Tuesday, July 24, 2012

Kyl says it all

John Kyl made a great speech in Congress in which he complained that Obama was spending too much time talking about the middle class and not enough time focusing on the wealthy.

Rarely does a member of the GOP speak so openly about their plutocratic ideals, but Kyl provides some wonderful words that show just how committed he and his Republican allies are to the rich and well-off in our nation. Apparently, to focus all one's attention on the lowly middle class is missing the point, which is that the rich are the ones we all ought to be kneeling to and thanking for their tireless job creation.

Well, they aren't really creating jobs, but they could if, you know, they weren't paying taxes. Even though their corporate tax rates are effectively zero thanks to all the loopholes and deductions they enjoy. But still! In theory, they are being squeezed to the point of maybe, possibly, could be considering selling their third vacation home or downgrading to only two private jets. Truly, without the endless praise of the nation's workforce, the wealthy are feeling left out.

Kyl's speech was moving for many people. I, for one, feel his words resonated with some of the people who, like me, work for a living. I had no idea that I was remiss in my duties as an American citizen by not genuflecting whenever a millionaire went by. I did not know that I owed my very livelihood to a stingy old crone and should be thanking them by electing people who want to cut the support for the poor and needy to give the rich more money. How silly of me...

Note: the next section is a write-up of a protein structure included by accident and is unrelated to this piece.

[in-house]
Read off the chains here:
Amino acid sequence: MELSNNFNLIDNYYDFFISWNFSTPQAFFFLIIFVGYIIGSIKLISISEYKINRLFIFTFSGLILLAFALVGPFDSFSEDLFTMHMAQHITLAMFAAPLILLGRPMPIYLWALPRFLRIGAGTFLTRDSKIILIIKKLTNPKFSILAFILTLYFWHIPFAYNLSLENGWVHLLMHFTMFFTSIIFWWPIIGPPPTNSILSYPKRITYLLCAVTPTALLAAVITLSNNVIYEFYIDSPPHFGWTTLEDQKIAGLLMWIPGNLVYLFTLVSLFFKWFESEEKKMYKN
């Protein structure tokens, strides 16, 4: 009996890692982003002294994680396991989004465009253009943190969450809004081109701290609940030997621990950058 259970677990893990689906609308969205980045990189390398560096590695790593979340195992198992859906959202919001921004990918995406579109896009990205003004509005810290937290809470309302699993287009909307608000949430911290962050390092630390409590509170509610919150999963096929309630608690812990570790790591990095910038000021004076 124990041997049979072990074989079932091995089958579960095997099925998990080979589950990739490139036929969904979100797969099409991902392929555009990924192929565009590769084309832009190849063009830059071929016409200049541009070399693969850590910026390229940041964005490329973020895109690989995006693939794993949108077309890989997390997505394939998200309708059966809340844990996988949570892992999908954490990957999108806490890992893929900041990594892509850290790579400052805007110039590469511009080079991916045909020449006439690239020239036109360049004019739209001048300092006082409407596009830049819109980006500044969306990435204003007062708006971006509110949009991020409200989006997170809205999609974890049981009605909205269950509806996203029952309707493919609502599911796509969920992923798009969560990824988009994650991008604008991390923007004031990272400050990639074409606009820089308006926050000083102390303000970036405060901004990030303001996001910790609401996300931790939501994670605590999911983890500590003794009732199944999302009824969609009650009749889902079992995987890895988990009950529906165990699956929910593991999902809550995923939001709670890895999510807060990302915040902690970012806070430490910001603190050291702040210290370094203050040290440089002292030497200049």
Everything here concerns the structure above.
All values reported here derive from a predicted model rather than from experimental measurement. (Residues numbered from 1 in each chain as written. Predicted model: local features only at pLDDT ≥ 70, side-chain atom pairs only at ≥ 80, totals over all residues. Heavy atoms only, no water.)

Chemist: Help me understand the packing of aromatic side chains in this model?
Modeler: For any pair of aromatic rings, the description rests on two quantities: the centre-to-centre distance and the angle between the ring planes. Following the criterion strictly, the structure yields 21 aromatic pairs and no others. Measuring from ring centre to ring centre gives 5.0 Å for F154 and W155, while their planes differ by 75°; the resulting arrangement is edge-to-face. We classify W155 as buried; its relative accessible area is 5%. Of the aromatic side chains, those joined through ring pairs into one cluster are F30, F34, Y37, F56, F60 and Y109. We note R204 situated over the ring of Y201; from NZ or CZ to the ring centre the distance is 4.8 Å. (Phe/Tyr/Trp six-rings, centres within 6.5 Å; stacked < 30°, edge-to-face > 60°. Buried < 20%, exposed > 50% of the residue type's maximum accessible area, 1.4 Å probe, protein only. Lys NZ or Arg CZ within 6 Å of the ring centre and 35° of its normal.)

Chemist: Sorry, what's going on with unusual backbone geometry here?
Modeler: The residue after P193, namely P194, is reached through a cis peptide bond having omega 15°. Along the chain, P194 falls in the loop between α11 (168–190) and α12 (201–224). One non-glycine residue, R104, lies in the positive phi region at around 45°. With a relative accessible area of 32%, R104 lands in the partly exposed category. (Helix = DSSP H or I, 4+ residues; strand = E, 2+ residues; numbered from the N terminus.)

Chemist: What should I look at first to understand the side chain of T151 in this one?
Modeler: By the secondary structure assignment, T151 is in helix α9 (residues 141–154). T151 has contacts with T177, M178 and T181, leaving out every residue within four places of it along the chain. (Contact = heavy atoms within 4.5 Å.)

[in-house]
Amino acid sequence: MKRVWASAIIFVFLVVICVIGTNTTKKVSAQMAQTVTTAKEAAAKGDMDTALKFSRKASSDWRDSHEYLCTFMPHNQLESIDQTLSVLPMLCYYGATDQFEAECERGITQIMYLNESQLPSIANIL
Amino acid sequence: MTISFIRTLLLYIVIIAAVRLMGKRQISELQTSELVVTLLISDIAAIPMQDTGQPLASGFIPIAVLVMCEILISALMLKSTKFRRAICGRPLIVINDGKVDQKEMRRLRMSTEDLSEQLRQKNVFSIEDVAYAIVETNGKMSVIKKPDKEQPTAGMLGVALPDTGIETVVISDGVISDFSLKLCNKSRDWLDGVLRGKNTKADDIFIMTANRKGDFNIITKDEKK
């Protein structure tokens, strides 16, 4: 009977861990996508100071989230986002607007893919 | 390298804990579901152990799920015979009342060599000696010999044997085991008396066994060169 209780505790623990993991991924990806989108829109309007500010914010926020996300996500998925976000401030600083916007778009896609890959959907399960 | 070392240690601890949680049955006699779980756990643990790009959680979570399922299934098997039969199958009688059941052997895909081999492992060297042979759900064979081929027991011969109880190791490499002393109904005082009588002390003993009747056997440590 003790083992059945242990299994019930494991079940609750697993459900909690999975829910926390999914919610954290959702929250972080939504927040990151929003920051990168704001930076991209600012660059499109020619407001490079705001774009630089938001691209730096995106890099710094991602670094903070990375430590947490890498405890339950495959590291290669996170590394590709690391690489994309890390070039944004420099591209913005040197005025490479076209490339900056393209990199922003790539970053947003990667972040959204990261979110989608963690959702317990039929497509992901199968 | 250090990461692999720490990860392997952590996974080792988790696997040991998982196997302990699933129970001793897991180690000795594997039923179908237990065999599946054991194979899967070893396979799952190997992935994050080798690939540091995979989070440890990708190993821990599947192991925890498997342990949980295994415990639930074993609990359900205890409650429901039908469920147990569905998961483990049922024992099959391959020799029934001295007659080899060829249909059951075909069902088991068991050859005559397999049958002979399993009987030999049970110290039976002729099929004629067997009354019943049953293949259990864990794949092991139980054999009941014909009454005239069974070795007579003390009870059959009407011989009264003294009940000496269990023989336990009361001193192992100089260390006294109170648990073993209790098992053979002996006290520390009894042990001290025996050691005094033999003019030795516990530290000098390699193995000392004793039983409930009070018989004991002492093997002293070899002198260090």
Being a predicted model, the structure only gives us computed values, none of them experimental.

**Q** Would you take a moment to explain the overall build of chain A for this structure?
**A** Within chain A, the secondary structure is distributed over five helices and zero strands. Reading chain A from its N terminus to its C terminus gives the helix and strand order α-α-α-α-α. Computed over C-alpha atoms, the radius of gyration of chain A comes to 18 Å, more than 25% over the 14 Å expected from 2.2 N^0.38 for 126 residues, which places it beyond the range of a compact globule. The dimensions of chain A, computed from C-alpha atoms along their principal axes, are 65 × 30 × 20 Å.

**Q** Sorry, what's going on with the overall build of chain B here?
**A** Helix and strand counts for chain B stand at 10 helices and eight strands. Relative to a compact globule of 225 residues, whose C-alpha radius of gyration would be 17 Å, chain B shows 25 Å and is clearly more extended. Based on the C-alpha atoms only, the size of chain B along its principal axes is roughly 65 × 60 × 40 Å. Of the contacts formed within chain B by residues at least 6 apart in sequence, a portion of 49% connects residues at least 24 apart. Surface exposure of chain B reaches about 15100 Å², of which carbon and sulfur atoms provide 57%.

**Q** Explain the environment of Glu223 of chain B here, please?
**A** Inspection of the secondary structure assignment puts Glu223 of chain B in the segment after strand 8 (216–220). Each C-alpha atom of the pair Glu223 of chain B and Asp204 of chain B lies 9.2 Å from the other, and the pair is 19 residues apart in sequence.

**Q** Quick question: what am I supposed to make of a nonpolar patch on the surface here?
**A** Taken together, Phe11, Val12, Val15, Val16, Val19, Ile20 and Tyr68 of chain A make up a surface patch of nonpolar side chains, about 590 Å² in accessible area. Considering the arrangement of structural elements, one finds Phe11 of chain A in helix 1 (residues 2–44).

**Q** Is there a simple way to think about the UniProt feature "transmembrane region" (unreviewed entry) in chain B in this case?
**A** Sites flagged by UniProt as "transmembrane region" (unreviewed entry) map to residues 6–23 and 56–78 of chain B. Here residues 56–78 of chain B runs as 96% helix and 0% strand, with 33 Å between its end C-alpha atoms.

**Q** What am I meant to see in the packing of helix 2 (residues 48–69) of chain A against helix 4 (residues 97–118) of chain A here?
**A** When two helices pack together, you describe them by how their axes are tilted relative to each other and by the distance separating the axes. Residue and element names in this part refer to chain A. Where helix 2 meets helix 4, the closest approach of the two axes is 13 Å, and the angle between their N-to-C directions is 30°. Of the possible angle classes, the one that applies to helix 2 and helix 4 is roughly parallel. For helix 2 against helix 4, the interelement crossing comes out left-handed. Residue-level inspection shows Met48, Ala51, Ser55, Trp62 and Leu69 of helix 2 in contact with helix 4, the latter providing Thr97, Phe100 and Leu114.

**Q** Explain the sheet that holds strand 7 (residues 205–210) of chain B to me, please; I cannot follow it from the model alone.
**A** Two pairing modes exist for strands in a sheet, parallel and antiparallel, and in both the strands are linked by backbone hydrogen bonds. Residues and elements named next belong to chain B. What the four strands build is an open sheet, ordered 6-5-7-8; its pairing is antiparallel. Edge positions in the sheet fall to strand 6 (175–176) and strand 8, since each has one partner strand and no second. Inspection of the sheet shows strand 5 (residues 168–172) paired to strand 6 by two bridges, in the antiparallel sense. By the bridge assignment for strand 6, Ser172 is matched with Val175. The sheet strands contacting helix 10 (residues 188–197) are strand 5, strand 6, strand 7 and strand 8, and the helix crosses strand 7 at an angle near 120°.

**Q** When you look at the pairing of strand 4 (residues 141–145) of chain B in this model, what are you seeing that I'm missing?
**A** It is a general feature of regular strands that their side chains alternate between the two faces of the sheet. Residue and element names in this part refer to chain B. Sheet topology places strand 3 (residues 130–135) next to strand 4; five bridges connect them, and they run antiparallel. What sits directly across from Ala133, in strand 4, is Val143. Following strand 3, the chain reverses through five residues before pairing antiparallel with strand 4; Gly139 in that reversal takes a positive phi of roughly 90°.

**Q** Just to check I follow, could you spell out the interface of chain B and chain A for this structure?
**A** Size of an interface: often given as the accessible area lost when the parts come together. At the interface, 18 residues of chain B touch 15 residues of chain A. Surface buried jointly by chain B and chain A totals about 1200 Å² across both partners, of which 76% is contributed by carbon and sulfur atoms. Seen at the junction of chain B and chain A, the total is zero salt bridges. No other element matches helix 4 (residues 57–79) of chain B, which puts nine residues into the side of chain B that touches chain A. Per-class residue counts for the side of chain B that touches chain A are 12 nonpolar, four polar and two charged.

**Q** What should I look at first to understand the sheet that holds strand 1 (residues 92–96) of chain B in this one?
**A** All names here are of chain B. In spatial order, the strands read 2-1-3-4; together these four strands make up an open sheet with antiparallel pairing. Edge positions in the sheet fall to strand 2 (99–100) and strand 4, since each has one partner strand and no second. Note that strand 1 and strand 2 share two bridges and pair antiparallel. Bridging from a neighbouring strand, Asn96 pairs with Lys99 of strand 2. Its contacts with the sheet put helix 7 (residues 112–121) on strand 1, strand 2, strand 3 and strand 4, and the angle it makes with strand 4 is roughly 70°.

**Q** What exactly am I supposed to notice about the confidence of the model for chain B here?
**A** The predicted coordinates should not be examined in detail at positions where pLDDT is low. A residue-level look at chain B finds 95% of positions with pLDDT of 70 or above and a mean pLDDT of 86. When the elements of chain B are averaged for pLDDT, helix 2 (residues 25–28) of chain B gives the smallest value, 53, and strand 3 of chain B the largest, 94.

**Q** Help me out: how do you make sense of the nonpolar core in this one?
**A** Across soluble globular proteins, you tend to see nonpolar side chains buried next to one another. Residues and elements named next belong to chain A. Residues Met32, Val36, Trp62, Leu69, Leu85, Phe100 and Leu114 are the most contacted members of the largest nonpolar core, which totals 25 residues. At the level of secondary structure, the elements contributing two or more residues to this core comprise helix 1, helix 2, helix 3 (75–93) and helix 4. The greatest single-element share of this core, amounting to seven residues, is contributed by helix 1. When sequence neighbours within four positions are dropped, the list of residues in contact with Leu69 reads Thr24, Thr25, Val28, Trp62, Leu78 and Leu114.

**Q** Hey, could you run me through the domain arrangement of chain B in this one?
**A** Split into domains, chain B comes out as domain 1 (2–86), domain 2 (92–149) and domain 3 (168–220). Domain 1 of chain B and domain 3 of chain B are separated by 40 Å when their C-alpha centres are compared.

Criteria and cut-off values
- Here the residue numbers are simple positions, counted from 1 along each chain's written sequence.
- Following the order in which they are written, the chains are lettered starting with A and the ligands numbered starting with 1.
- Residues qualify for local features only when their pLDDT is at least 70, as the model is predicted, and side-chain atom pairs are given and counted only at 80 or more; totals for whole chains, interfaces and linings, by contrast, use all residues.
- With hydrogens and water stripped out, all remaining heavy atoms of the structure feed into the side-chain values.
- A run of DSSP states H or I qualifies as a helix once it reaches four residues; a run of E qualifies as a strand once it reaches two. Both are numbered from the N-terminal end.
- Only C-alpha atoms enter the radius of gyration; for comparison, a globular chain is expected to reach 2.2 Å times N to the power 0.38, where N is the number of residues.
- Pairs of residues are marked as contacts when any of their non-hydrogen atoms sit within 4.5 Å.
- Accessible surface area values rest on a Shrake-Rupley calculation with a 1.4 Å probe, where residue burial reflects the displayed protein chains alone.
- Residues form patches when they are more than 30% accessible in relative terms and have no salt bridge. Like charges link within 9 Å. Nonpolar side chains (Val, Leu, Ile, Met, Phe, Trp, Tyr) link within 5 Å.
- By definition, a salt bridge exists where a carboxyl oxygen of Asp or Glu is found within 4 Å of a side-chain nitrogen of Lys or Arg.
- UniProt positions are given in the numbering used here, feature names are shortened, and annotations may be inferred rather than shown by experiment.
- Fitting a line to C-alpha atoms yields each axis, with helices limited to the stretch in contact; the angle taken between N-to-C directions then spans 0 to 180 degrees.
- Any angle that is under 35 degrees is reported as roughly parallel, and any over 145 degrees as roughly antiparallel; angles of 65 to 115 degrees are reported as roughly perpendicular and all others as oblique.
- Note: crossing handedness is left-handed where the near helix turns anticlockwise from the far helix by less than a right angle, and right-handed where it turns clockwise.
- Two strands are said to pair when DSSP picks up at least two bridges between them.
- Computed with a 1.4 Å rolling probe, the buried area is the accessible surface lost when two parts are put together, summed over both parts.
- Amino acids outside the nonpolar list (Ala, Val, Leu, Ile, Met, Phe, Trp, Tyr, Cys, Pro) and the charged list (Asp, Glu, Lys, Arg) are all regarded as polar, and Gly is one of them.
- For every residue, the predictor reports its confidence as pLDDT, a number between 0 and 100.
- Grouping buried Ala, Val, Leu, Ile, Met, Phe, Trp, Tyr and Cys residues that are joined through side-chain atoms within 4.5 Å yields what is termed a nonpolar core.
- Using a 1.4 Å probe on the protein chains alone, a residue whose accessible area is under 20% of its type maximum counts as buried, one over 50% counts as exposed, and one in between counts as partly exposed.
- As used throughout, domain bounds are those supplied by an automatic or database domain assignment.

You know, this is probably one of the best things Kyl, or any other member of the GOP, has said in a long time. It was honest, clear, and easy to understand. According to Kyl, the POTUS should stop worrying about the little people, who the GOP is planning to step all over with their cuts to social programs anyway, and instead spend more time thinking on the values of the rich, and how they've contributed to our great nation.

Maybe Kyl will now be the benchmark for all future GOP speeches on the floor of Congress. Perhaps he is ushering in a new age of honesty about what the Republicans in the House and Senate really want. Maybe this is the end of the platitudes, the end of the verbal sidestepping, the end of all questionable claims as we know it!


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